The Herrmann AFM Group
Elucidating the mechanisms of action of bioactive natural products by AFM

Molecular imaging of isolated peptidoglycans as novel platform for antibiotic development


Because of the ever increasing resistances of pathogenic bacteria, the development of novel antibiotic entities is urgently needed today. Ever since, the peculiar procaryotic cell wall synthesis has been considered a specifically promising target for the development of antiinfective therapeutics. In order to facilitate the identification of novel antibiotic leads targeting cell wall synthesis, our group is studying the molecular composition of isolated peptidoglycans from different pathogenic bacteria prior and after antibiotic treatment.

Molecular imaging of the antibiotic-impaired ultrastructural murein morphology will prospectively not only allow the identification of novel antibiotic leads but also enable valuable insights into the mechanisms of action concerning cell wall synthesis.

Molecular imaging of a native isolated E. coli K12 peptidoglycan sacculus. Note the nanoscale resolution of single glycan chains, allowing the interpretation of murein network morphology on a molecular scale. (white arrow = single glycan strand, blue arrow = single transpeptide bridge)

Molecular imaging of ampicillin-treated isolated E. coli K12 peptidoglycan sacculus. Note the nanoscale resolution of single structurally impaired glycan chains, allowing the depiction of reduced cross linking and the interpretation of the mechanism of action exerted by ampcillin treatment. (white arrow = impaired cross linking evoked by ampicillin treatment)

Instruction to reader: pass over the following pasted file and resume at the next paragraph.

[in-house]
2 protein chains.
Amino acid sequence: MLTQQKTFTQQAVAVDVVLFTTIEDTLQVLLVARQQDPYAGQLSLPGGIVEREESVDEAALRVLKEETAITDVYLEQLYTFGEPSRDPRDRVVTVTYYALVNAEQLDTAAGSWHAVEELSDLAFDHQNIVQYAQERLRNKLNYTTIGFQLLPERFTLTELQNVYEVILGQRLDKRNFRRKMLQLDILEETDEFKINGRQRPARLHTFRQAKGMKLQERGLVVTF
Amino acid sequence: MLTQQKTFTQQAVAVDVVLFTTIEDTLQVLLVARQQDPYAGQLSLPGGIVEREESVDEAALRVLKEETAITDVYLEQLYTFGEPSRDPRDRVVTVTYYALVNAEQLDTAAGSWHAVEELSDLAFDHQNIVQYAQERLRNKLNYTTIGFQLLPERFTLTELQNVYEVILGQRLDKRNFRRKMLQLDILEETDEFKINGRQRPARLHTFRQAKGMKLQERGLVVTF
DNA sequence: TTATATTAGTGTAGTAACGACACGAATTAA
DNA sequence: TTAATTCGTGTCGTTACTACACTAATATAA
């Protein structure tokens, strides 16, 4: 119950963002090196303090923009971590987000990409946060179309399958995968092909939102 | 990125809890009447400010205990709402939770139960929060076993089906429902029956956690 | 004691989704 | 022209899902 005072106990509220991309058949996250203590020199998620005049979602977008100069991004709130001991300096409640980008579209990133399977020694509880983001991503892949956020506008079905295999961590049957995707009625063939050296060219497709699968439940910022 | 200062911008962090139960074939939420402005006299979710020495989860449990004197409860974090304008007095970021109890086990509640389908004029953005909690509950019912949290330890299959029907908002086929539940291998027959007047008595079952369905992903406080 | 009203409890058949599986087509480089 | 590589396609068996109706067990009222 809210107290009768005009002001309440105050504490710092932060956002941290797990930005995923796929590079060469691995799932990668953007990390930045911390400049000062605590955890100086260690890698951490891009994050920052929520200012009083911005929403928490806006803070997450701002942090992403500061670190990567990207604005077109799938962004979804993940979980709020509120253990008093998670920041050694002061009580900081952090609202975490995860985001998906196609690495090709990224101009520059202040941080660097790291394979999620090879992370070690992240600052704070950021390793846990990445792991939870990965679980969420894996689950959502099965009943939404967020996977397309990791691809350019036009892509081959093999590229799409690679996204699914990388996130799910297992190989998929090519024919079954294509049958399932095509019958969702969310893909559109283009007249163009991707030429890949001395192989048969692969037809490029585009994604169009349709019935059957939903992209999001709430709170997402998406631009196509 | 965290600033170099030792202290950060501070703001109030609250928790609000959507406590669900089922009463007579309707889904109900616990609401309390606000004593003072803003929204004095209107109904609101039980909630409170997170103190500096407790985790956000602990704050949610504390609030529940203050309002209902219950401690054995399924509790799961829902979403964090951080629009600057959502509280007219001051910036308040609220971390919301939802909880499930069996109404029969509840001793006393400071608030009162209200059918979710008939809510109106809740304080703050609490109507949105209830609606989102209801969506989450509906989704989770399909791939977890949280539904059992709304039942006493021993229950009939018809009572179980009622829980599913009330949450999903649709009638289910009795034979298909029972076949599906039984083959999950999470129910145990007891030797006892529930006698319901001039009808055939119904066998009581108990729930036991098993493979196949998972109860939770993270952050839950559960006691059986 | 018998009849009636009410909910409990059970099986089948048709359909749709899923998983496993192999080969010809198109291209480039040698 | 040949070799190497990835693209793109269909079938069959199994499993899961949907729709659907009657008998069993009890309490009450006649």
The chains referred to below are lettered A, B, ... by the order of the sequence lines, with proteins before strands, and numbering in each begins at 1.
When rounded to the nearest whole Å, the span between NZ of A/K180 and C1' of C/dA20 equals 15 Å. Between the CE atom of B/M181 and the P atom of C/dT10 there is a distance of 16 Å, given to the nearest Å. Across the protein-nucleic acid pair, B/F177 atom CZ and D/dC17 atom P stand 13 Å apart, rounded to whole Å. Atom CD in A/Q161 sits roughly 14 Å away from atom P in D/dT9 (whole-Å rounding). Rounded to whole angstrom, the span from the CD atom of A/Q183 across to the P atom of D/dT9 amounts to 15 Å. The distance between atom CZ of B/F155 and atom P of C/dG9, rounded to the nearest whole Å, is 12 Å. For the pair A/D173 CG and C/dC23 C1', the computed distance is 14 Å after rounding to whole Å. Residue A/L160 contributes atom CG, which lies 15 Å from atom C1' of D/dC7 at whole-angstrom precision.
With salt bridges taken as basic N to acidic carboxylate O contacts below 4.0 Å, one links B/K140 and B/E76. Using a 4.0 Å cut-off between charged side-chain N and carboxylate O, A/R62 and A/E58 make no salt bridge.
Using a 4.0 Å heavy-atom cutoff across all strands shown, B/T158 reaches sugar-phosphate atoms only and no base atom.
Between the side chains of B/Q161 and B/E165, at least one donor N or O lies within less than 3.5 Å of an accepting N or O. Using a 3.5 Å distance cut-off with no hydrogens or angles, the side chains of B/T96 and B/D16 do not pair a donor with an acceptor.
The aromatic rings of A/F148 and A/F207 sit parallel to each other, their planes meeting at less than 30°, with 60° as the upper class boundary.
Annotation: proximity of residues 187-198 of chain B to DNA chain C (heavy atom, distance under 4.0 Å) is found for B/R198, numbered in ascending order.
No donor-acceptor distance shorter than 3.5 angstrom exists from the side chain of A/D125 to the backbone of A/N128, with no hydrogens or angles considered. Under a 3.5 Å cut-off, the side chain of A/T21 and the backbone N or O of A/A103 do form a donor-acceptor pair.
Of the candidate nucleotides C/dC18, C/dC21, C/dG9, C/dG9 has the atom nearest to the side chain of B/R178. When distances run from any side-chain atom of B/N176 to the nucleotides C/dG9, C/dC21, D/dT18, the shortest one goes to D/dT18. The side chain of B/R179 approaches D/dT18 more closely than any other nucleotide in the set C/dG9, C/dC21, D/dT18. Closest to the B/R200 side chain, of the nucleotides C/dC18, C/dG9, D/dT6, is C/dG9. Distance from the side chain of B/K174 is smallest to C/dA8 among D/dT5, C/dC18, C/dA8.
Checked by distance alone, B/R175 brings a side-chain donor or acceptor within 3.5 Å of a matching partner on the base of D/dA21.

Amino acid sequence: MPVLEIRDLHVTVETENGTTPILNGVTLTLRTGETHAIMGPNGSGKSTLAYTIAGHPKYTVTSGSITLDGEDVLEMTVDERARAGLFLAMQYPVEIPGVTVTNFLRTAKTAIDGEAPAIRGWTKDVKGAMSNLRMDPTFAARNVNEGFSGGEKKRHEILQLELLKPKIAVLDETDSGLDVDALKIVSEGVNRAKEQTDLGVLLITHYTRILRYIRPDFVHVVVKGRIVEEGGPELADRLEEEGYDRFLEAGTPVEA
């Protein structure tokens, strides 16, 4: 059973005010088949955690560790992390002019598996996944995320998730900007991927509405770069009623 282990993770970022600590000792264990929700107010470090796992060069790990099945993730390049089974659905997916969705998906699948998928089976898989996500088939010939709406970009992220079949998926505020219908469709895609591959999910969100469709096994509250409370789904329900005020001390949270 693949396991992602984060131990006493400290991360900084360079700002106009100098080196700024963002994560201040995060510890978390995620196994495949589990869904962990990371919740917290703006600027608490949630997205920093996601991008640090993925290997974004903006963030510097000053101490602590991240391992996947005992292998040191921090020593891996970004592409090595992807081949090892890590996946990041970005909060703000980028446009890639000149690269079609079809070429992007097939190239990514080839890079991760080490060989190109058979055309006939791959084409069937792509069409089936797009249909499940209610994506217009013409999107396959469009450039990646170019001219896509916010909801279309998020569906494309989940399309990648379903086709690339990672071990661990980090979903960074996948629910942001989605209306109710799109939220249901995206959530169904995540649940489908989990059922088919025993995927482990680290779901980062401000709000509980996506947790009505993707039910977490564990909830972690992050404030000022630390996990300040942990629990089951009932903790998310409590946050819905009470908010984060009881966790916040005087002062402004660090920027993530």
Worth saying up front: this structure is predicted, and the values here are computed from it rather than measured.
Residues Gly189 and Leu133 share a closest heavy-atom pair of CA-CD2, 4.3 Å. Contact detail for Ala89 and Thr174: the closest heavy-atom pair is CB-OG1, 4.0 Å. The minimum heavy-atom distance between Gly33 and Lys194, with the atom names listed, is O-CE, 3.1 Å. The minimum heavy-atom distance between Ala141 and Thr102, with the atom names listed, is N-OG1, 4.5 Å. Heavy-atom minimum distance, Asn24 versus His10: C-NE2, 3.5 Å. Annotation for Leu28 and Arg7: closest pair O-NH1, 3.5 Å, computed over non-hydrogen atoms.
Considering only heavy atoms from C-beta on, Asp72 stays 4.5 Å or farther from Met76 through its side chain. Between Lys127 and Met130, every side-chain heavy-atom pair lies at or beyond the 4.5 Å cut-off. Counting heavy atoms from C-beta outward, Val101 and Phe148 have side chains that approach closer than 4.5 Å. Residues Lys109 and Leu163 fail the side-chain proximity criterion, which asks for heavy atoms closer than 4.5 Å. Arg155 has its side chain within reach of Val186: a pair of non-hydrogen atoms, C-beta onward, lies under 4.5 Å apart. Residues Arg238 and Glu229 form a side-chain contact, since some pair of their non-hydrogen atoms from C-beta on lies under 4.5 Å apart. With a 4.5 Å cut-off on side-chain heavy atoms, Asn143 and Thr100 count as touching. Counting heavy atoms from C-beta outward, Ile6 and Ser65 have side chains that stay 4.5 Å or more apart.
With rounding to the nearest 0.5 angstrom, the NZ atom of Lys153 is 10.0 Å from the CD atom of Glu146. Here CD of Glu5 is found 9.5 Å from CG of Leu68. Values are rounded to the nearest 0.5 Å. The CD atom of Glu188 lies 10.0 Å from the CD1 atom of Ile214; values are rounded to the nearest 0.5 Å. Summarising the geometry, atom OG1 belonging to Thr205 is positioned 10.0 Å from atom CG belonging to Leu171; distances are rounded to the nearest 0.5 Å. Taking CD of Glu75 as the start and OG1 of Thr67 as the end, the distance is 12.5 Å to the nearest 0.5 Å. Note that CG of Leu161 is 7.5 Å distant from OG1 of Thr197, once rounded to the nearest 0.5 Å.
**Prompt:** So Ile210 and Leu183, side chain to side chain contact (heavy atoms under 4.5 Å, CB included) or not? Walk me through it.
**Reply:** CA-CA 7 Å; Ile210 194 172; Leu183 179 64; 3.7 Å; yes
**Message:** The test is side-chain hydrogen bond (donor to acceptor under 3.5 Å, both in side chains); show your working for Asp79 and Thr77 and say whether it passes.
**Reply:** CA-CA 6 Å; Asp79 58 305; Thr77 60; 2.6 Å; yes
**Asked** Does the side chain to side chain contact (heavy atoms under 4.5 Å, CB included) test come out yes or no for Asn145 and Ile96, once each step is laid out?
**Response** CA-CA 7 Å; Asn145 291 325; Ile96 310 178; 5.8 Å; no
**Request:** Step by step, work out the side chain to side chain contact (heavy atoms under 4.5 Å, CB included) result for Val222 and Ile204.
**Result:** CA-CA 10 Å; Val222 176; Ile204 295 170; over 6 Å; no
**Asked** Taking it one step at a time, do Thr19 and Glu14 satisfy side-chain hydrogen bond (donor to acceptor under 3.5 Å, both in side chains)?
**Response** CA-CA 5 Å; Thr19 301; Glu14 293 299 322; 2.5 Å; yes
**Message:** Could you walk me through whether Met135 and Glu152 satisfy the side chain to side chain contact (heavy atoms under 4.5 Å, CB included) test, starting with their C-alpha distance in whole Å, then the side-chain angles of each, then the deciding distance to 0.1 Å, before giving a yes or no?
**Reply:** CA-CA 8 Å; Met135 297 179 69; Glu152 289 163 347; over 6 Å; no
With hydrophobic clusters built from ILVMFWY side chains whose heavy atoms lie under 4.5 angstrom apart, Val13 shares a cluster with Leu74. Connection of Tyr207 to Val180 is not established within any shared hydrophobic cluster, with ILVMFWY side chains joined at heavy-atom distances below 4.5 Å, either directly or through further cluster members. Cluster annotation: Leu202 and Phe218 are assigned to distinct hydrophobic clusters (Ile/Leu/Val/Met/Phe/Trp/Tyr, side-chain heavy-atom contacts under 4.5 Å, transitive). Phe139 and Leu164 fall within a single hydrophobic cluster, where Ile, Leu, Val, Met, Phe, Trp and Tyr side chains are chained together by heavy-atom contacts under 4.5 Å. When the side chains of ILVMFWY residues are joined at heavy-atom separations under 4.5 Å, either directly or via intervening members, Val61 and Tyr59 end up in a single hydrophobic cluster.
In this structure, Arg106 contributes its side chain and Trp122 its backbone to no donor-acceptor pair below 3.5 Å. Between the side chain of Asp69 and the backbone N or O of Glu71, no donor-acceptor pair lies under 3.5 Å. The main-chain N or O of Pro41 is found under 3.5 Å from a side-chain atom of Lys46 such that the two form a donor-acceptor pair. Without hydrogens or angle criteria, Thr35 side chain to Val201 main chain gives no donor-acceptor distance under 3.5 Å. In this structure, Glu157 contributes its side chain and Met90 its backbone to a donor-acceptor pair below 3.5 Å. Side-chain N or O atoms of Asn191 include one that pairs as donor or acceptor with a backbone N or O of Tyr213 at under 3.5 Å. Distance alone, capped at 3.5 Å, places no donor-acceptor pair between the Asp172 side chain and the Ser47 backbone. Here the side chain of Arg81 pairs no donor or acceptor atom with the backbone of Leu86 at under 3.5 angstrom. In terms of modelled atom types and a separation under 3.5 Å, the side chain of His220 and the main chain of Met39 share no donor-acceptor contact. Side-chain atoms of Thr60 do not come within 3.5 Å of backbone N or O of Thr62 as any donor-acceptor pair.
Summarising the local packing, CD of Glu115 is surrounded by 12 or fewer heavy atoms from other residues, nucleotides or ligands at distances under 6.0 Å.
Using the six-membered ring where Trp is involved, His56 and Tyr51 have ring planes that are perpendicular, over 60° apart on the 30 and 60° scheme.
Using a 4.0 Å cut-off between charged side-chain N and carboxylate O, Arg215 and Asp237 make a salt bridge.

Natural products´ mechanisms of action

Although modern medicinal chemistry has achieved striking advances in the past, the plethora of new anti-infective and anti-cancer agents are still initially identified in a plant, animal or microorganism.

The subsequent elucidation of the mechanisms of action of such bioactive natural products (NPs) is yet still an essential but tedious process, hindered by a number of shortcomings. 

In order to identify a target structure in an alternative way, our group is using ultrastructural morphological assessments of cells, tissues and whole organisms as a shortcut to pinpoint potential mechanisms of action of a bioactive NP. This information can subsequently allow the more detailed description of a possible mechanism of action as well as of protein targets affected by the investigated NP.

 Innovative microscopic in vitro evaluation

Additionally, our group is interested in the innovative in vitro evaluation of bioactive compounds by ultrastructural microscopy.

(Ultra)-structural elucidation by microscopic techniques

The assessment of relevant structural alterations in our group is performed by a variety of microscopic techniques. On the one hand, classical light microscopic approaches (brightfield, darkground, phase contrast, polarization, fluorescence as well as DIC) are represented in our lab, allowing the examination of biological material on the lower micrometer scale (lateral resolution down to 0.2 µm). 

On the other hand, innovative investigations on a nanometer scale are also possible by four atomic force microscopes (AFMs) in our lab, allowing lateral resolutions down to a fraction of an ångström (typically down to roughly 5 nm in biological material and under ambient conditions).

As a topographical technique, gaining insight into internal features of biological material by atomic force microscopy is still a challenging process. We therefore established an ultra-microtomic protocol, allowing insight into internal features of virtually any cell, tissue and organism by AFM for the first time. This technique was used in the recent years to describe the mechanism of action of different bioactive natural products.